by Don Gould

A still from "It's a Wonderful Life." Image/courtesy of Republic Pictures

A still from “It’s a Wonderful Life.” Image/courtesy of Republic Pictures

In the 1946 film classic, “It’s a Wonderful Life,” community banker George Bailey (played by Jimmy Stewart) is besieged by depositors demanding their money after the despised Mr. Potter spurs a run on the bank for his own gain. George says to the anxious crowd, “No, but you … you … you’re thinking of this place all wrong! As if I had the money back in a safe. The money’s not here.” True that.

The past eight weeks have seen a series of Jimmy Stewart moments. First, Silvergate Bank of La Jolla wound itself down on March 8 after massive withdrawals triggered by cryptocurrency woes. Later that week, Silicon Valley Bank was seized by the FDIC after its depositors — mostly businesses funded by venture capital — withdrew tens of billions of dollars in a single day. New York-based Signature Bank quickly followed. And this past weekend, San Francisco’s venerable First Republic Bank was seized and sold after suffering a $100 billion deposit exodus.

Technology abets bank runs

Unlike 1946, today depositors can tweet (and terrify) one another in seconds, and can withdraw billions with mouse clicks. There’s no George Bailey to plead for cooler heads to prevail. When Silicon Valley Bank announced a stock sale to shore up its capital, a bank run ensued the next day. With 98% of its deposits uninsured, SVB’s needing capital was reason enough to move cash to a safer harbor.

Why all these bank failures now? Observers will rightly point to poor decisions by bank management, weak oversight by bank regulators, and the recent spike in interest rates. But in fact, the seeds of this bank contagion were planted with a government policy put in place way back in 2011. Absent the policy, these failed banks might still be in business. Instead, only the timing of the turmoil was in question.

The FDIC and unintended consequences

Through the FDIC, the U.S. government guarantees the first $250,000 for each depositor in each bank, should a bank fail. Deposits exceeding the limit (currently $7 trillion in total) are not insured.

After the great financial crisis of 2008-09, when even the largest banks teetered, in 2011 the U.S. designated eight giant banks (Chase, Bank of America, etc.) as “systemically important,” meaning they are too big to fail. Their deposits are effectively fully insured, regardless of amount. The ugly corollary is that America’s 4,000+ non-systemically important banks are not too big to fail, putting each at some risk of a Jimmy Stewart moment.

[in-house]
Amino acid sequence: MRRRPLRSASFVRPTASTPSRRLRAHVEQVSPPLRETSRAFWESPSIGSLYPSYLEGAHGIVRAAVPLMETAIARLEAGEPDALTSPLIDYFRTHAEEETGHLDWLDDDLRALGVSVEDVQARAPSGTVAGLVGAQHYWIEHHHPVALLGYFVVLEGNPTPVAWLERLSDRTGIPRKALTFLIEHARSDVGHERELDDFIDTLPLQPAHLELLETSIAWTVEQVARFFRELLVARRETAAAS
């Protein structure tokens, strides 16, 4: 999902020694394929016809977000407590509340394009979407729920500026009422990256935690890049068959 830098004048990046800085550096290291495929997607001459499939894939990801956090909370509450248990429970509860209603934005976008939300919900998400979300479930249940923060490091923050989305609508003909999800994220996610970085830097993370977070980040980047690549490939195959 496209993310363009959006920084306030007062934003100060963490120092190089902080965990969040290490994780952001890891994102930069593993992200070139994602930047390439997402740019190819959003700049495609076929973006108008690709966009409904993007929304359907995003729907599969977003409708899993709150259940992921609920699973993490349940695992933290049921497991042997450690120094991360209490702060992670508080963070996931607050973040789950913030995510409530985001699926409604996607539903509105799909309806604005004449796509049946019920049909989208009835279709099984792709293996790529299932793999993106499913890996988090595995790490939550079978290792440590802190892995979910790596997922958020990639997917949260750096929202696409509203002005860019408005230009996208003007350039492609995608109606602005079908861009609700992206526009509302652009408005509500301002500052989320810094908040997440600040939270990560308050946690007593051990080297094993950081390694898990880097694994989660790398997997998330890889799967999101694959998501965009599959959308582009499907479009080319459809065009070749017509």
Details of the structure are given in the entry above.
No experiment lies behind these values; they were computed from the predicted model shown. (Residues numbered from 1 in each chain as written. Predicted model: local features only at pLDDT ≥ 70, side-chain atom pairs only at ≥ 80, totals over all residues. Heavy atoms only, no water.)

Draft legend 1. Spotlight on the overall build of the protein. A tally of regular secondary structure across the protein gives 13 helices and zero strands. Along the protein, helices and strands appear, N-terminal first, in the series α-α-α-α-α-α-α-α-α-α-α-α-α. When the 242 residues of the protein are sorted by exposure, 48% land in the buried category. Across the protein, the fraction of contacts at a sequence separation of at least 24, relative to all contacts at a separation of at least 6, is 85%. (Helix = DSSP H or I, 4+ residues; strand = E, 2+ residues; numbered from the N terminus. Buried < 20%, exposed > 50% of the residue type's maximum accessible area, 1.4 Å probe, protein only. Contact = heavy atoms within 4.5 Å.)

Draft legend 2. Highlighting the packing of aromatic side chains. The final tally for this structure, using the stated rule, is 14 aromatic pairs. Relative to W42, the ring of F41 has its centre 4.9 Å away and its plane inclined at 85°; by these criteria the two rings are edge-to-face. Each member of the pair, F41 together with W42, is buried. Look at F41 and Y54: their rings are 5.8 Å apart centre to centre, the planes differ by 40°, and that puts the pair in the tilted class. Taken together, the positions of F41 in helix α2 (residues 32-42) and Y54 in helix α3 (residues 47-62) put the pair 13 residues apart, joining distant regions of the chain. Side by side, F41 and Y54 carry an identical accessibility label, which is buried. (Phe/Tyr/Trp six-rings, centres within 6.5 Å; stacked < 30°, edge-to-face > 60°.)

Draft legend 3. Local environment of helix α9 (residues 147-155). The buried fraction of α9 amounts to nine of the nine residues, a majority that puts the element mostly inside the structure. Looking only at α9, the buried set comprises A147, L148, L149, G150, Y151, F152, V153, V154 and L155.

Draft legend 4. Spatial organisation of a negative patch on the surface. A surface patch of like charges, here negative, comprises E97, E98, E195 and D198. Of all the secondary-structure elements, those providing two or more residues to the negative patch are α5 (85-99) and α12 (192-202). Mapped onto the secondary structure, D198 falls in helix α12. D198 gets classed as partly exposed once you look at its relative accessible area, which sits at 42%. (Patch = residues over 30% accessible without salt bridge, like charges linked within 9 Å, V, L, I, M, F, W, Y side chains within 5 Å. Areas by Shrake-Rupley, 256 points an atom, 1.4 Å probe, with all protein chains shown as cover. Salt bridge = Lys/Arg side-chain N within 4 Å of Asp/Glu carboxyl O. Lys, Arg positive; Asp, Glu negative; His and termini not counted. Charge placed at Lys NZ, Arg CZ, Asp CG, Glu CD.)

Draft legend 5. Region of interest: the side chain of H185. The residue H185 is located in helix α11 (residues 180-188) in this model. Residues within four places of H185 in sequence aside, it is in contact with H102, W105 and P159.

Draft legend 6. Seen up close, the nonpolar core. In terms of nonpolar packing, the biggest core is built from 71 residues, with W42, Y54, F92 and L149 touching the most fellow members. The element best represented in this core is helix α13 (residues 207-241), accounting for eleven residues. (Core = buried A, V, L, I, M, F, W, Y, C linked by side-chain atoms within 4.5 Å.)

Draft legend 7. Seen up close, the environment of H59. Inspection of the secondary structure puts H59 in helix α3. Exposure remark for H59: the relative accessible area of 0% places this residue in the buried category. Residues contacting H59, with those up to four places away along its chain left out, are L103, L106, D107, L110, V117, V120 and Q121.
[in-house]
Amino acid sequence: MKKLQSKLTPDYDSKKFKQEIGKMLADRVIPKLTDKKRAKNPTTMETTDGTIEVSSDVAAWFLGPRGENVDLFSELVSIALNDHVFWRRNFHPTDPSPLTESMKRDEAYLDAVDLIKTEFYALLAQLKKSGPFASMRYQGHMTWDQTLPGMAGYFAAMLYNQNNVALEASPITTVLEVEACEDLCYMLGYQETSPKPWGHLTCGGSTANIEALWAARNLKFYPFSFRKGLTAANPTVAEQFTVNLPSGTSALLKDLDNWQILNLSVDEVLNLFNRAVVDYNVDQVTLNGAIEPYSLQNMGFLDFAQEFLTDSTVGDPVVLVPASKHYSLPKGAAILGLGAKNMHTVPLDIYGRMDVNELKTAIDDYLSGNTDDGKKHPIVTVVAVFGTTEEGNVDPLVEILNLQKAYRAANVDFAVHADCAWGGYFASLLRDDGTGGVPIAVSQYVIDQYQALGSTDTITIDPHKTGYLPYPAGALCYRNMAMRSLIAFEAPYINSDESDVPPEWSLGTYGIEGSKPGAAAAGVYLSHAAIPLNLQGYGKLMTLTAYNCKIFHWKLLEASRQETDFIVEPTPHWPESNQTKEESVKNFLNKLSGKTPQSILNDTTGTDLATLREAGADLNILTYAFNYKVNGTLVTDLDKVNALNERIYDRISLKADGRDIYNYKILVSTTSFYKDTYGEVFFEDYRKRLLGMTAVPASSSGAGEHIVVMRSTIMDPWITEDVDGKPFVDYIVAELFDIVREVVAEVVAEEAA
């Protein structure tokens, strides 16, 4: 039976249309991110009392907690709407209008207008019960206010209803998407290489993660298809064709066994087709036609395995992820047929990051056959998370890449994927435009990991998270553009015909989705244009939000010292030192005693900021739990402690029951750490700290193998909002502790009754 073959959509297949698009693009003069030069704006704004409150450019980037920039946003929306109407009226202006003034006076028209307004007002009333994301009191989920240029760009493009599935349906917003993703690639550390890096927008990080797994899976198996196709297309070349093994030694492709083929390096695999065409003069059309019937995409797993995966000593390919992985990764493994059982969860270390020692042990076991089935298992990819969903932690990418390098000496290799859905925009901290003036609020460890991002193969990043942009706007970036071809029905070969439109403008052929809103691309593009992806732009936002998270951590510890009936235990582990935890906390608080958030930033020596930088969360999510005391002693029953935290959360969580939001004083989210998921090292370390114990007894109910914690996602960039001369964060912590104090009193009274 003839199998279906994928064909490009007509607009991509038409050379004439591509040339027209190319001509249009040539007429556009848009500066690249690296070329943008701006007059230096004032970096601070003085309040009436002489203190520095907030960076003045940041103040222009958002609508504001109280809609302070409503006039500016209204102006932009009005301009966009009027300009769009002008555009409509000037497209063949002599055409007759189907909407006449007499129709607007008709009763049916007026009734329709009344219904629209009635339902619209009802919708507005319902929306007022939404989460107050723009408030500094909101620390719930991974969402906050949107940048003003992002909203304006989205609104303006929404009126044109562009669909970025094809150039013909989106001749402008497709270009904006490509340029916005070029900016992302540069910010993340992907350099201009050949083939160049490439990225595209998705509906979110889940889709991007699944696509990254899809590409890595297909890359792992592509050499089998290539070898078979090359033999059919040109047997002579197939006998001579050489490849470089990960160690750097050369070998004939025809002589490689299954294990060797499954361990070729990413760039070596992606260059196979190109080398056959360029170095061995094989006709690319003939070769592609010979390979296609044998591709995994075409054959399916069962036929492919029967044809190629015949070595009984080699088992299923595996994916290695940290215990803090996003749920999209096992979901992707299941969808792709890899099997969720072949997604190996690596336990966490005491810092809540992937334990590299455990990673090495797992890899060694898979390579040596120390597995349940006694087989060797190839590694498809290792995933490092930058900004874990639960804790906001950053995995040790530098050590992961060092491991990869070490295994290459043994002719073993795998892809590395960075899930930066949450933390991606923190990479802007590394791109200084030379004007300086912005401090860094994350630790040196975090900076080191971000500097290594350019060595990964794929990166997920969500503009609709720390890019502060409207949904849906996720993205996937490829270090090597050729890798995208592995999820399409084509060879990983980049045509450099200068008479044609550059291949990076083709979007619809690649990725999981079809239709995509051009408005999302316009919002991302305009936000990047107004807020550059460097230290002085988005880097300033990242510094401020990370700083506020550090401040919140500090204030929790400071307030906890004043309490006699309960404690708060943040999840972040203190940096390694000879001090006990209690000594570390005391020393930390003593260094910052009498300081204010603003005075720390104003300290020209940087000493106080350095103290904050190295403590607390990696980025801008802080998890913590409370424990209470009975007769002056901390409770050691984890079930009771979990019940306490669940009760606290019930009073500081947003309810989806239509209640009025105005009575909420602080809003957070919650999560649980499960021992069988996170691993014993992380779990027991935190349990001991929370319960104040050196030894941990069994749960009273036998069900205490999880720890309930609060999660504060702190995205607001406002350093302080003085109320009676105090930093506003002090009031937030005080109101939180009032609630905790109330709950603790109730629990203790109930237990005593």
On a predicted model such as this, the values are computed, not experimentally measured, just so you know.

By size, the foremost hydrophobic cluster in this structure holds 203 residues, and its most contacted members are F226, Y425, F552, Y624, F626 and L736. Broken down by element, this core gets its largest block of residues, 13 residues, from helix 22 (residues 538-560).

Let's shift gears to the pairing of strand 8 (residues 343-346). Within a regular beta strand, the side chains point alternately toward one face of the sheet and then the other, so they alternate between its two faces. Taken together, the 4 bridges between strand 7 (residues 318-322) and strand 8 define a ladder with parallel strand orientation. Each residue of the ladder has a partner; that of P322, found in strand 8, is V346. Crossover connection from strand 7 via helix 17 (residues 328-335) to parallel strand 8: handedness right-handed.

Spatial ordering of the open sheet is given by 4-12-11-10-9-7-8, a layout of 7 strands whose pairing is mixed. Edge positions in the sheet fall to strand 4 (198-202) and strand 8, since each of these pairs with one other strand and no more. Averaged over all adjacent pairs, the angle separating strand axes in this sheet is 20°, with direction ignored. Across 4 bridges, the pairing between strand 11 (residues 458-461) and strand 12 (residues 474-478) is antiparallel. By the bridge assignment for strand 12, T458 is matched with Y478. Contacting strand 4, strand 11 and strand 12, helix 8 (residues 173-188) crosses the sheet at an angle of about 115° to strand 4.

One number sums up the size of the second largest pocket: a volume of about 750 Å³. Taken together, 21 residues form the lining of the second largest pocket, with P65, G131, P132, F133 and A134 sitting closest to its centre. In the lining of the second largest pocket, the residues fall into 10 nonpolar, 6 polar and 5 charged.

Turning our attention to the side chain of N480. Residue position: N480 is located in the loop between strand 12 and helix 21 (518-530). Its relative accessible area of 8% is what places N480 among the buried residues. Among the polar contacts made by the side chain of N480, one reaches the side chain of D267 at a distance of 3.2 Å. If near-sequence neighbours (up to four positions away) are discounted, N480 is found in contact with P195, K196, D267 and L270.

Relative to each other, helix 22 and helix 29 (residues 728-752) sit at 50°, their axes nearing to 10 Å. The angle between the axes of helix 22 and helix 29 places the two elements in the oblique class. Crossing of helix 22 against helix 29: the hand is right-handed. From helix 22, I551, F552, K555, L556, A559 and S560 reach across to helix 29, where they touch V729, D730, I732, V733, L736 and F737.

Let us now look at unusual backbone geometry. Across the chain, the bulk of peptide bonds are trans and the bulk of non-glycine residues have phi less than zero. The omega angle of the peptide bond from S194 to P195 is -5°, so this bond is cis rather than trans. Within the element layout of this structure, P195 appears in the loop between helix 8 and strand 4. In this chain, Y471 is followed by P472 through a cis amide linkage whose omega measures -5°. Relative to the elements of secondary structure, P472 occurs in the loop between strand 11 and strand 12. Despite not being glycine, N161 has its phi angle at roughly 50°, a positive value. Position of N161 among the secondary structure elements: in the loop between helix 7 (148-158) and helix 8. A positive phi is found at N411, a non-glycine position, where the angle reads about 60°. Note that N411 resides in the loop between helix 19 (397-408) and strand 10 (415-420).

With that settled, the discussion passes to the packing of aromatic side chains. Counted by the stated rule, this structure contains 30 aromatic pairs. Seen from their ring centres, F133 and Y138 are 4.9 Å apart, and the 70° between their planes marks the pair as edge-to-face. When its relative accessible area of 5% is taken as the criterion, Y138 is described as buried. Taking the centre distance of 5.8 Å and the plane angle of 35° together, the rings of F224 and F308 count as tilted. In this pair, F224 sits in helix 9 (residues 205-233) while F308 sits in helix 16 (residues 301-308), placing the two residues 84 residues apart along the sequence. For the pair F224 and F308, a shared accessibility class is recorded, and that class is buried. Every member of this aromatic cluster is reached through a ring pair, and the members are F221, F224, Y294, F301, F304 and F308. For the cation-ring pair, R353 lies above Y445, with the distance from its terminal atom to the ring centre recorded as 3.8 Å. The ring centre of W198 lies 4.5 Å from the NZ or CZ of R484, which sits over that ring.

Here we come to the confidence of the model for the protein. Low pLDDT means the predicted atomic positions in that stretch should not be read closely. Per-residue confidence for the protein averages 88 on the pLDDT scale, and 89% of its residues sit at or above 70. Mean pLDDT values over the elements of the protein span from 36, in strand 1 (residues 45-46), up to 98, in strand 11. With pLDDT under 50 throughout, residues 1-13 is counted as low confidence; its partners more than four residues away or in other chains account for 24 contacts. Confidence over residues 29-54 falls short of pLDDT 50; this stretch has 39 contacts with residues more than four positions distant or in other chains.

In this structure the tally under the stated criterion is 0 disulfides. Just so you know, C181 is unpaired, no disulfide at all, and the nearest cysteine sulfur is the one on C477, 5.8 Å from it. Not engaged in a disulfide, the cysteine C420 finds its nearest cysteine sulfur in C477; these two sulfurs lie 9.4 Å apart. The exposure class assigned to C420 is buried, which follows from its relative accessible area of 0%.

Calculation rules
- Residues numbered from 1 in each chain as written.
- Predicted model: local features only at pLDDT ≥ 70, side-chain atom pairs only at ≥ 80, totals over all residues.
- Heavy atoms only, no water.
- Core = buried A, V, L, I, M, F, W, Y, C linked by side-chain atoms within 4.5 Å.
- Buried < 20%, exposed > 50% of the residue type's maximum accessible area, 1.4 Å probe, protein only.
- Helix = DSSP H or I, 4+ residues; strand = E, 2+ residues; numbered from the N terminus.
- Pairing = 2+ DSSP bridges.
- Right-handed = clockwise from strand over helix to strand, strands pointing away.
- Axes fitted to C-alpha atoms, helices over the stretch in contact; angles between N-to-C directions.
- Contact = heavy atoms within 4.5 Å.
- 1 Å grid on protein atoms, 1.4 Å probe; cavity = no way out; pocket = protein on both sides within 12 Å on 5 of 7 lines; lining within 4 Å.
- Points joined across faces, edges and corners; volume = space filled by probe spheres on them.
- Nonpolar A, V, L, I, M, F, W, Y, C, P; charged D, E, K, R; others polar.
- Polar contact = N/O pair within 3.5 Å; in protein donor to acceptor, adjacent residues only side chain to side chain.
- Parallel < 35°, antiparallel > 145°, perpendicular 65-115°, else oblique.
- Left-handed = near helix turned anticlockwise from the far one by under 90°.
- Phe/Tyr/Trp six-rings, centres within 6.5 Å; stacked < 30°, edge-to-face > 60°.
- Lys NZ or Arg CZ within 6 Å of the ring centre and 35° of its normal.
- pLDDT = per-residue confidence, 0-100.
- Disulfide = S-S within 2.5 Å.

Midsized regional banks whose stock is publicly traded are most at risk. That’s because of the self-reinforcing relationship between the stock price and depositor behavior. A few unkind whispers about a bank can cause its stock price to dive, in turn causing depositors to flee. Where there’s smoke, there’s fire, right? The rumors quickly morph into a headline — Bank run underway.

A bank run, especially at a non-systemically important bank, feeds on itself because no one wants to be left holding uninsured deposits, knowing that the bank’s assets likely won’t cover what’s owed. Compounding the problem, regulators are maddeningly vague about whether they will bail out uninsured depositors. Case in point: Silicon Valley Bank was designated a systemically important bank, saving uninsured depositors, but only after regulators shut it down.

Fixing a broken system

To avoid these periodic spasms of bank failures, the government needs to change the rules on deposit insurance. Here are two ideas:

The FDIC could prohibit non-systemically important banks from accepting uninsured deposits. While preventing bank runs, this policy would also tilt the playing field even more in favor of the big systemically important banks and possibly stunt midsize bank lending to smaller businesses.

Or, the FDIC could insure all bank deposits, regardless of size. The argument against this is “moral hazard” — that people will then deposit money into banks without regard to how responsibly the bank uses those funds. (The 1980s savings and loan crisis is the textbook example of this.) Countering this are the plain facts of the recent bank failures — even supposedly sophisticated depositors knew next to nothing about their bank’s condition. After baseball, moral hazard is the national pastime.

Protecting your cash in the meantime

If you or your business are fortunate enough to have more than $250,000 in cash, make sure you are not over the FDIC limit in any one bank. Avoid the systemically important banks — they pay pitifully low interest rates. Instead, spread money across multiple banks and stay under the FDIC limit per bank. There are even programs (Flourish Cash, MaxMyInterest, etc.) that do this for you instantly, with each program bank paying competitive interest rates. Or you can simply buy a U.S. Treasury money market fund and get a better yield still.

In the end, Bailey Bros. Building & Loan survived. It was a simpler time.

Don Gould is president and chief investment officer of Gould Asset Management.